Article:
Written by Director of N8 Research Partnership, Annette Bramley
Our education system, like all of our industries, is likely to be revolutionised by the onward march of Artificial Intelligence (AI) and automation into all areas of our lives.
It stands to reason that our tertiary education system, further and higher education will be transformed. It’s imperative that we think about how the Fourth Industrial Revolution is likely to impact on our universities themselves; as well as how they can deliver the skills and mindsets that will meet the needs of both human talent and businesses and help them keep up with the pace of change.
We need to start a debate about what further and higher education is and will be for. Why will we need colleges and universities? What will their relationships be to each other and to schools?
One place to start thinking to the future of education is to reflect on what has gone before. The first industrial revolution led first to huge inequalities in wealth and widespread child labour in the new factories. Laws limiting child labour in textile mills were not passed until 1883. Thankfully, increasing automation meant that fewer children were needed to work in factories, and in time more children of all social classes were able to access an education.
Fast forward to the 21st century and schools are a fixture of our children’s lives. The curriculum now is much broader and the number of years of compulsory education has increased. However, we still think of education as something that happens through childhood, with tertiary education mainly being an experience for those between the ages of 16 and 21. The way we fund and admit students to further and higher education reflects this model.
The Civic Universities Commission released an interim report at the end of 2018 that highlighted the decline in adult tertiary education as a critical threat to the UK’s prosperity as a result of Industry 4.0.
The Chair of that commission, Lord Kerslake, also mused recently that he felt that “we will come to see engagement with universities as a continuum not a single episode”, and that the view that you go to university to do a single degree but do not retrain through a second or third degree during your lifetime will come to be “a quaint view”.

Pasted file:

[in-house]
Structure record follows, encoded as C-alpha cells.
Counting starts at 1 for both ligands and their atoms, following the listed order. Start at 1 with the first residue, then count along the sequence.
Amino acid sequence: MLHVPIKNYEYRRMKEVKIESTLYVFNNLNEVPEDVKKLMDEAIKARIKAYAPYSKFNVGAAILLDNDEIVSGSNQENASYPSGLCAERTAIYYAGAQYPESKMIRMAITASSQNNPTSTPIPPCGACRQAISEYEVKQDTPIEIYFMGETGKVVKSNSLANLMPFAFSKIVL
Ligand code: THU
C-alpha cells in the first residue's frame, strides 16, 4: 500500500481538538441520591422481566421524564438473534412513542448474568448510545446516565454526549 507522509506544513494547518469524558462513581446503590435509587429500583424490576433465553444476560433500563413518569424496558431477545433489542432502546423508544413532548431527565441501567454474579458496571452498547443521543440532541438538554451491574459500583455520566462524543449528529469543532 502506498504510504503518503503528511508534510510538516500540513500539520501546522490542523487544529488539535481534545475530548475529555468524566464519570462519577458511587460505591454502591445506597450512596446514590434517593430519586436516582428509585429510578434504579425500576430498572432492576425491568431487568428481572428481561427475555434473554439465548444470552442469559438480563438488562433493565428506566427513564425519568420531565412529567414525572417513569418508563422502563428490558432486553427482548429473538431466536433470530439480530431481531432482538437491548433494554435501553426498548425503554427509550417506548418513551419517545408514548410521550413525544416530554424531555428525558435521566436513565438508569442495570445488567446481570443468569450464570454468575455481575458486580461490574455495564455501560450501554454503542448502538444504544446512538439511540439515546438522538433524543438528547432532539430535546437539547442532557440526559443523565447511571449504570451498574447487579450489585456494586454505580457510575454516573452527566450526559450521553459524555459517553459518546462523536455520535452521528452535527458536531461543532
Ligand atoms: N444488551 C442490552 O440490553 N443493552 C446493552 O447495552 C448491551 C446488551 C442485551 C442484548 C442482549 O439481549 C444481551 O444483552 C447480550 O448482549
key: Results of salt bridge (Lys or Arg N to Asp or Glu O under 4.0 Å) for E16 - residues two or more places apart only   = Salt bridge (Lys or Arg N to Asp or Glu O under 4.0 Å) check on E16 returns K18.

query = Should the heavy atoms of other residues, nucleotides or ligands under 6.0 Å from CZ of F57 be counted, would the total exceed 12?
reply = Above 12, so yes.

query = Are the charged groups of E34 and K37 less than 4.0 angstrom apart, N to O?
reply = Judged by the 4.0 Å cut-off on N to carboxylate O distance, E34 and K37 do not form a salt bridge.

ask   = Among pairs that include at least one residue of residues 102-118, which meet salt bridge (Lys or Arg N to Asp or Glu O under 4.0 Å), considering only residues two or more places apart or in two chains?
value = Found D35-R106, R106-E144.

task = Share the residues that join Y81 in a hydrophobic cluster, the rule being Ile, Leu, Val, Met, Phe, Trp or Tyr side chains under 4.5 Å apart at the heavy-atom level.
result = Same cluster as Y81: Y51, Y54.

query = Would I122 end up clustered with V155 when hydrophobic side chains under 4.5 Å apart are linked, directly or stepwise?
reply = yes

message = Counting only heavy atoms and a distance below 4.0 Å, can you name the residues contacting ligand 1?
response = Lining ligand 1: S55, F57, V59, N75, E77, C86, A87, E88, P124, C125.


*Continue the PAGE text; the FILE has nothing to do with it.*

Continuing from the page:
As well as providing skills for workplaces in businesses and the public sector, universities themselves are workplaces that will be transformed by AI and automation.
It is not beyond the realms of possibility that teaching of facts and methods is given over to avatars which learn how best to deliver personalised curricula to individual students by distance learning.
But education is about more than teaching facts and methods. It needs to enable citizens to develop skills like critical thinking, constructive challenge, debate and emotional intelligence. The businesses of today need employees with a fully rounded set of skills, particularly the small and medium sized businesses which make up around 99% of all UK businesses and account for around 60% of private sector jobs. Where will creativity, innovation and emotional intelligence be fostered if not through our schools, colleges and universities?
Our universities have a fundamental role to play in convening and contributing to this debate. As anchor institutions for their local communities they are trusted independent forums for conversations about complex and systemic issues such as those we are now facing. I believe it is crucial that they provide space and leadership in thinking about the kind of education system we want to create in the future to take advantage of the benefits of AI and automation for more prosperity and better quality of life for everyone.